The U.S. economy added 49,000 jobs to the labor market in January in another sign that the economic recovery is still tepid as the nation continues to fight the impact of the coronavirus pandemic. January’s gains came after steep losses in December due to the resurgence of the virus, but most of the hiring last month was in temporary professional services.

The number of people unemployed decreased to 10.1 million during the first month of the new year as the labor market rebounded from the latest round of shutdowns following a second wave of COVID-19 cases. The unemployment rate fell to 6.3%, from 6.7% previously, the Department of Labor reported.

Although both measures have decreased from Dec. 2020 and are significantly lower than their April 2020 highs, they are still above pre-pandemic levels when there were 5.7 million unemployed and an unemployment rate of 3.5% in Feb. 2020.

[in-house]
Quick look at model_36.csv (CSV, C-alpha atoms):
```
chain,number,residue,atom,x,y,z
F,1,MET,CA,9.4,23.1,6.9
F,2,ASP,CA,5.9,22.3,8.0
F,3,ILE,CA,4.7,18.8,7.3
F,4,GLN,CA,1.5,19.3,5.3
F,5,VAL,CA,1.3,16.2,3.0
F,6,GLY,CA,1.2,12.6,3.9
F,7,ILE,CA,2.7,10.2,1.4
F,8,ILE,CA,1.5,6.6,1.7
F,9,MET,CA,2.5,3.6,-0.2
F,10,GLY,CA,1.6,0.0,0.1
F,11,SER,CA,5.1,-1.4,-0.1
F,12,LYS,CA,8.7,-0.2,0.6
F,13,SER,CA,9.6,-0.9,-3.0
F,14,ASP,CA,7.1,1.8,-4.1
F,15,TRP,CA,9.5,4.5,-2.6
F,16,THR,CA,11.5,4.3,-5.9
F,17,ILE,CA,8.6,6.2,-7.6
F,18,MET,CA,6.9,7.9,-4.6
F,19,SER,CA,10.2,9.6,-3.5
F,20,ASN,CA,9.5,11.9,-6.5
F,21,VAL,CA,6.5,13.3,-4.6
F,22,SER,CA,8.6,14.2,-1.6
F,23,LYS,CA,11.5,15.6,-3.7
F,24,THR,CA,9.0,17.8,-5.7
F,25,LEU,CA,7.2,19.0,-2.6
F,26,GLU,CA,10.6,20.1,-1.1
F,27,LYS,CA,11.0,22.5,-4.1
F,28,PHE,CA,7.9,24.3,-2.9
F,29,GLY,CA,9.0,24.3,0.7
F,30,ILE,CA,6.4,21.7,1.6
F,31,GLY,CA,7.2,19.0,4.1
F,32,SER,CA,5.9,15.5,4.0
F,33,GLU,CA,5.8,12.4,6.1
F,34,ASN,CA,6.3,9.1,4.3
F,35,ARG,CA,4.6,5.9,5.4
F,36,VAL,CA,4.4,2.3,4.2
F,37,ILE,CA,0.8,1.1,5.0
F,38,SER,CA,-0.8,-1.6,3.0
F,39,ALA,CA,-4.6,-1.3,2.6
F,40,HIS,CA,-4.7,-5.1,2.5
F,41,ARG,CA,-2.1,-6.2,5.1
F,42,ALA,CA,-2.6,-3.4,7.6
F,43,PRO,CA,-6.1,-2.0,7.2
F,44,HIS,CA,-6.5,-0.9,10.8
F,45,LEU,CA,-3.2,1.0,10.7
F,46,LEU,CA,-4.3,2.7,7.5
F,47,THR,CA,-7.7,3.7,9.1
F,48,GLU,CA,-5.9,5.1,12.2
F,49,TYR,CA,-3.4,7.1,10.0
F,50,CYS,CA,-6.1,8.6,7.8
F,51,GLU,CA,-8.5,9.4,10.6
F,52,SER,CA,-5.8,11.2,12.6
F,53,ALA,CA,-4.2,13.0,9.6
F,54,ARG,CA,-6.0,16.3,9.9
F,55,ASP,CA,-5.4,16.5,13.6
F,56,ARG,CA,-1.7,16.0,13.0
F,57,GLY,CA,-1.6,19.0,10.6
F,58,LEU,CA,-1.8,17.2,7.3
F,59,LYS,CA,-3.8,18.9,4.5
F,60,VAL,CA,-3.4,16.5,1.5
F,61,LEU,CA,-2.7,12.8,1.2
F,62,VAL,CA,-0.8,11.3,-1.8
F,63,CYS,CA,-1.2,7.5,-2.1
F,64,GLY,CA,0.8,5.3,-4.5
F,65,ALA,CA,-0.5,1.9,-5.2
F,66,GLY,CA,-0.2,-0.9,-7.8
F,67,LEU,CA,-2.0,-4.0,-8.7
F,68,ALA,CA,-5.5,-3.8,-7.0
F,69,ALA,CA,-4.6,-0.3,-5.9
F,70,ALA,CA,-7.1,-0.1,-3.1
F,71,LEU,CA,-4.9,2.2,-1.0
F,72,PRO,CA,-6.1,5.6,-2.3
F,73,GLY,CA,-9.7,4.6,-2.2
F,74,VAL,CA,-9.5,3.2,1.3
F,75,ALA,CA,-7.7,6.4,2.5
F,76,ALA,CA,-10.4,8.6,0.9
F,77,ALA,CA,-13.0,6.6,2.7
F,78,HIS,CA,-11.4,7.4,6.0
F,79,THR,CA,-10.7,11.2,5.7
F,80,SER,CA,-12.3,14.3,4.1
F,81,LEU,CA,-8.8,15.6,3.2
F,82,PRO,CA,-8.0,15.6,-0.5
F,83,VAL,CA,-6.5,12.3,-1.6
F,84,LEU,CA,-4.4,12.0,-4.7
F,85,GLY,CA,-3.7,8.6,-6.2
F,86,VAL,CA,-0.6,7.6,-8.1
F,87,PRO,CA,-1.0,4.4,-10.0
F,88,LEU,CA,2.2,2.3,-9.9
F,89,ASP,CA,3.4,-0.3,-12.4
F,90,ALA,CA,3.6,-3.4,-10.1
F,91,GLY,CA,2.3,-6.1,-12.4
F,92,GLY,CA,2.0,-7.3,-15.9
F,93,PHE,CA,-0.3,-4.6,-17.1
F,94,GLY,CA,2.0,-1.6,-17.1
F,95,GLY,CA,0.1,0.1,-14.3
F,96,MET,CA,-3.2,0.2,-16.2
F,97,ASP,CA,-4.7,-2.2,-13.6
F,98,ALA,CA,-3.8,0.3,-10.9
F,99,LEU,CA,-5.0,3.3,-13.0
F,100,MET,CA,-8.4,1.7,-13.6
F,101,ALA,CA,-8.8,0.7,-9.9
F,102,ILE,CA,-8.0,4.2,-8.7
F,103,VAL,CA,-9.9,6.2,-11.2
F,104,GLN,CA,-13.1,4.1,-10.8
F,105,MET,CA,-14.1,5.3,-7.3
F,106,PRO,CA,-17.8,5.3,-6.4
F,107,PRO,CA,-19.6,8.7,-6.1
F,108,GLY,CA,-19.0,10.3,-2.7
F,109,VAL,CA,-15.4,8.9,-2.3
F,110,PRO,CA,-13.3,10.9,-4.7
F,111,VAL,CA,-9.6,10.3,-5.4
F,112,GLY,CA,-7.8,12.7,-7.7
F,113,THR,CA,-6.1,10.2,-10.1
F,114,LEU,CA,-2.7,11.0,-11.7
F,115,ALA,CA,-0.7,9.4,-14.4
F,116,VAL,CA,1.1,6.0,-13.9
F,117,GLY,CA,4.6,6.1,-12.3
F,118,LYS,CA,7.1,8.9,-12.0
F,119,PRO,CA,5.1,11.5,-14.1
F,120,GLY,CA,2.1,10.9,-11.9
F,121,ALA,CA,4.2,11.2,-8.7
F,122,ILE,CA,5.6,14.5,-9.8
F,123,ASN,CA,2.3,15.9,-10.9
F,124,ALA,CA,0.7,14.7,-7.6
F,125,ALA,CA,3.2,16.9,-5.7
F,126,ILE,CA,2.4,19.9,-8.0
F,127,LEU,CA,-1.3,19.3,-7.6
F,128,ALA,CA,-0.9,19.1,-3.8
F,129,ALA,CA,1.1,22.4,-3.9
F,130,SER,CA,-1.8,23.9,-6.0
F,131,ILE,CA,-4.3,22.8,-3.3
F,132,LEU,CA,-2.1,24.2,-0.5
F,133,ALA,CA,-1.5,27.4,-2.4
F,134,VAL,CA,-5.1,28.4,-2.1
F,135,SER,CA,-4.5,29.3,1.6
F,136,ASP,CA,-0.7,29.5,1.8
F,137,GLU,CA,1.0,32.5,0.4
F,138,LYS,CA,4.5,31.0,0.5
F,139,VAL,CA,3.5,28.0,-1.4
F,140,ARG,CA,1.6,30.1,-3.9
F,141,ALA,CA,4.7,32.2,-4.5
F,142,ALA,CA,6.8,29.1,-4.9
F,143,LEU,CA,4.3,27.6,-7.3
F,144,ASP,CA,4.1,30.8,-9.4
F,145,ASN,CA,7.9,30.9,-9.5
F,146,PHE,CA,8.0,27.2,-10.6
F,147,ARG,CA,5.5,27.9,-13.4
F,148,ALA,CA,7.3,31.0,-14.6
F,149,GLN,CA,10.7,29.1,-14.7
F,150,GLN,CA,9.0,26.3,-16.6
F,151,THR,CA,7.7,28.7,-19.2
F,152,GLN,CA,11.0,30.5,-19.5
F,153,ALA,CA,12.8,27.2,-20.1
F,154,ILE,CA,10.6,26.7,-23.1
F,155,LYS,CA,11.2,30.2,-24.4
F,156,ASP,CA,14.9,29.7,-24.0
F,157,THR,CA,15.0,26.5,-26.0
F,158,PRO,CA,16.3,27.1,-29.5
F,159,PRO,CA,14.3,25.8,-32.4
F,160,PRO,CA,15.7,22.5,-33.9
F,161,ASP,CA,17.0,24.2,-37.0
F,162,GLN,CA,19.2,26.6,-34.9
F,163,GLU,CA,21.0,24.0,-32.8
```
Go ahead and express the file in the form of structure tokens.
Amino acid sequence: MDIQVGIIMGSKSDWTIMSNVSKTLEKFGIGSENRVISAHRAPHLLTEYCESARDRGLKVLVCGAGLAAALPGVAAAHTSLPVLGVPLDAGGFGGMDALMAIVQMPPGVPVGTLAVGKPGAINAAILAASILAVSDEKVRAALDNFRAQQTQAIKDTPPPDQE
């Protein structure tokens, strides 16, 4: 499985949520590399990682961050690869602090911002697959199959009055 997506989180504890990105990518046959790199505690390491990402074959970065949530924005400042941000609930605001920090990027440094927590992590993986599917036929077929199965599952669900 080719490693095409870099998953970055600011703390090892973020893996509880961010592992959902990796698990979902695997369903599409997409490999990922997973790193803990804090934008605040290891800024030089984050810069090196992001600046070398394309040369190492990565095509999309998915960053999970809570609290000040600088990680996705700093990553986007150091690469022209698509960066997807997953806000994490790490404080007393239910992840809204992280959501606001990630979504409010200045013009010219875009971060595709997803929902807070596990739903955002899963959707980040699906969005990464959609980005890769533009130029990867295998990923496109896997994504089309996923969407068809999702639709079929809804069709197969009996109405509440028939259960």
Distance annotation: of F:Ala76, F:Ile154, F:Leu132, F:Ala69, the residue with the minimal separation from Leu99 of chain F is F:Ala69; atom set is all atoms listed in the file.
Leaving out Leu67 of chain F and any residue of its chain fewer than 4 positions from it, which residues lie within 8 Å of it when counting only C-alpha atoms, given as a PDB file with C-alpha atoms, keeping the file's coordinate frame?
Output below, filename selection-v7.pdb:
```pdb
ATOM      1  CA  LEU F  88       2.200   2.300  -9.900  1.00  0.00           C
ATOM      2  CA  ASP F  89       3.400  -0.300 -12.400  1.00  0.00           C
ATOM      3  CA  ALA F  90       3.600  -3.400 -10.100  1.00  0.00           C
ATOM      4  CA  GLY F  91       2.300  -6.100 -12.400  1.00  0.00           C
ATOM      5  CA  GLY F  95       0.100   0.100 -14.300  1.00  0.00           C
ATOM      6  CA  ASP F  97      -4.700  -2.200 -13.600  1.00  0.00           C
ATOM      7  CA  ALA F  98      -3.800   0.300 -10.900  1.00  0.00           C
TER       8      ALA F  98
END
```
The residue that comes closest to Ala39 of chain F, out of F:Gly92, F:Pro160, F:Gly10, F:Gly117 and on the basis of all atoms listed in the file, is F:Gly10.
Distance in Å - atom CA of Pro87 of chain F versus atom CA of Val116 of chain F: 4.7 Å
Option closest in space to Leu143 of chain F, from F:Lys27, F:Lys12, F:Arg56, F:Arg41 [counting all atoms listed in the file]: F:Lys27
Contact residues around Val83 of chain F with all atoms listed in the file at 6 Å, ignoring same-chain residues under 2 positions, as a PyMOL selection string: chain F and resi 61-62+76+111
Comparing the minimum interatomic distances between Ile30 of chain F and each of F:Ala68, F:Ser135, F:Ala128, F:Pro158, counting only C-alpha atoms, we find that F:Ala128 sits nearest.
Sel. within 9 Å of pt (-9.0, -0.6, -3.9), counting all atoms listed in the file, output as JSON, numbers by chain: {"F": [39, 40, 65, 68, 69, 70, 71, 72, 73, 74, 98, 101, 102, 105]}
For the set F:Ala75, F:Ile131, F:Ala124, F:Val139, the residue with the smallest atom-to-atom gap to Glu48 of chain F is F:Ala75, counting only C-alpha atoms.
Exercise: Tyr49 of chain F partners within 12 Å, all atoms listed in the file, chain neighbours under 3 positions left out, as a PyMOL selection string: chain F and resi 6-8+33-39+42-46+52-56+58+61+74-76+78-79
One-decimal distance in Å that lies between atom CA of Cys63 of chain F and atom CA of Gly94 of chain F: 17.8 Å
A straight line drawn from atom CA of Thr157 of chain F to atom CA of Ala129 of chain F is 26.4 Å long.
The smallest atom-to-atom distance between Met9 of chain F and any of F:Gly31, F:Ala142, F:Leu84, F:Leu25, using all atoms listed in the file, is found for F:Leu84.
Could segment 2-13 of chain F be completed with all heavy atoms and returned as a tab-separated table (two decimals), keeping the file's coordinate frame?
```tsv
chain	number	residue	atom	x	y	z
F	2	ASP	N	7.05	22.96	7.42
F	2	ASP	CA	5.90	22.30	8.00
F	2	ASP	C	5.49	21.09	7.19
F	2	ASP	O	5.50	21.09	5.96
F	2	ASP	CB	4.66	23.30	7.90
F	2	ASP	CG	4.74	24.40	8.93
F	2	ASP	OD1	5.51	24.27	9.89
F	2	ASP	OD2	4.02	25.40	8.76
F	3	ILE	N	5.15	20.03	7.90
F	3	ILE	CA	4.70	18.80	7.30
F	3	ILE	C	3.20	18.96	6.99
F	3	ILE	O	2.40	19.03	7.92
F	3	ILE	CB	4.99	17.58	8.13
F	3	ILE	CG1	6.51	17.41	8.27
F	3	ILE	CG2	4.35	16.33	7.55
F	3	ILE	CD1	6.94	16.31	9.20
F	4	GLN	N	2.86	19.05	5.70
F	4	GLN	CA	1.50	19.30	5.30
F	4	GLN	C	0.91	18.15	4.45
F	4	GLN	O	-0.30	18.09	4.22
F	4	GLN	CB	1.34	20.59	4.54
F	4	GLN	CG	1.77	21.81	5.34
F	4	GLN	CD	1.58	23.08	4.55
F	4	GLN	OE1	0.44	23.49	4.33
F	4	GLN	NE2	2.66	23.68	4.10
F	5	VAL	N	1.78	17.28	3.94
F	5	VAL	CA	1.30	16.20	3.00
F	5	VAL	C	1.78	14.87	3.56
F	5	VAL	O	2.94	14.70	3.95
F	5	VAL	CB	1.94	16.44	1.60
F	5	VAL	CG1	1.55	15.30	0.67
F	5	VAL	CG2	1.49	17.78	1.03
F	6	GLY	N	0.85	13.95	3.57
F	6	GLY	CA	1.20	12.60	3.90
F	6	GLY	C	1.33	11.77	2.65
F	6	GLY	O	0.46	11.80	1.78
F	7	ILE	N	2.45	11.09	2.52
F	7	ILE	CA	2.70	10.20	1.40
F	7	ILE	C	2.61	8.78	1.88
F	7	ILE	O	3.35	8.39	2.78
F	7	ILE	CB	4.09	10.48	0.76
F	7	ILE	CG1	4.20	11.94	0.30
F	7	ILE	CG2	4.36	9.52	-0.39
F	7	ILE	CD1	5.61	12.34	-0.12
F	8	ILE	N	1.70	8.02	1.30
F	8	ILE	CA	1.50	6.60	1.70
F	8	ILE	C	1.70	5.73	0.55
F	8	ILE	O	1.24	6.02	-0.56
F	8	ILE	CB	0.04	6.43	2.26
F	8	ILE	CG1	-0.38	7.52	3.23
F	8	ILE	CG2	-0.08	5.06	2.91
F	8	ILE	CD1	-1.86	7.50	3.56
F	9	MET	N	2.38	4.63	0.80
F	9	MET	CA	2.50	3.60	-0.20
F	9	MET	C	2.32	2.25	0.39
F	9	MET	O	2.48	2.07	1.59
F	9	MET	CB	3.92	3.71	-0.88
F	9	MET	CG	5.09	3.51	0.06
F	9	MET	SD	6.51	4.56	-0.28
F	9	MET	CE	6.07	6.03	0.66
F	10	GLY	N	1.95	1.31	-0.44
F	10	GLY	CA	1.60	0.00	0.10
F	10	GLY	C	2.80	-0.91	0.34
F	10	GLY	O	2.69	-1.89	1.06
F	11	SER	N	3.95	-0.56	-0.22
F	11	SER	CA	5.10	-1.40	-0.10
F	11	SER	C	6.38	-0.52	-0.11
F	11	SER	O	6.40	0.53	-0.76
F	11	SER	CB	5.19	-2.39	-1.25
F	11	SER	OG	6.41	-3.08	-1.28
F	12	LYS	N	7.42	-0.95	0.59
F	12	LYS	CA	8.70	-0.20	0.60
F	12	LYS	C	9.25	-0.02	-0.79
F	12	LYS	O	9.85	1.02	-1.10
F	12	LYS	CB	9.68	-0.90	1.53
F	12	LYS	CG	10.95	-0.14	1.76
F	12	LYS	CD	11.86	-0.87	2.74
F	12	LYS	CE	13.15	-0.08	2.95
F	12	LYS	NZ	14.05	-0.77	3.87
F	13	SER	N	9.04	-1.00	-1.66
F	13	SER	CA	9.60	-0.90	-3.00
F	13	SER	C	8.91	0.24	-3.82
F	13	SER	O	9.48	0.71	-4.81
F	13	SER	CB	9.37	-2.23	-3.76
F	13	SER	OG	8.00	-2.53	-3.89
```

Notable job gains in professional and business services and education were offset by losses in leisure and hospitality, retail trade, health care, and transportation and warehousing. Employment in leisure and hospitality declined by 61,000, following a steep decline (-536,000) in December.

The labor participation rate remained at 61.4%, and the number of people on temporary layoff decreased in January by 300,000 to 2.7 million. 

Unemployment by Race and Gender

The recovery in the labor market continues to be uneven by race, with Black and Hispanic unemployment still significantly higher than for White and Asian workers. 

The unemployment rate for adult men and women is equal at 6%.

This is the first unemployment report since President Joe Biden took office and comes as he advocates for a $1.9 trillion stimulus package that will provide Americans with $1,400 stimulus payments and $400 of weekly unemployment benefits. "We can't do too much here — we can do too little," Biden said in reaction to the report. "It's not just the macroeconomic impact on the economy and our ability to compete internationally," he added. "It's people's lives. Real live people are hurting, and we can fix it."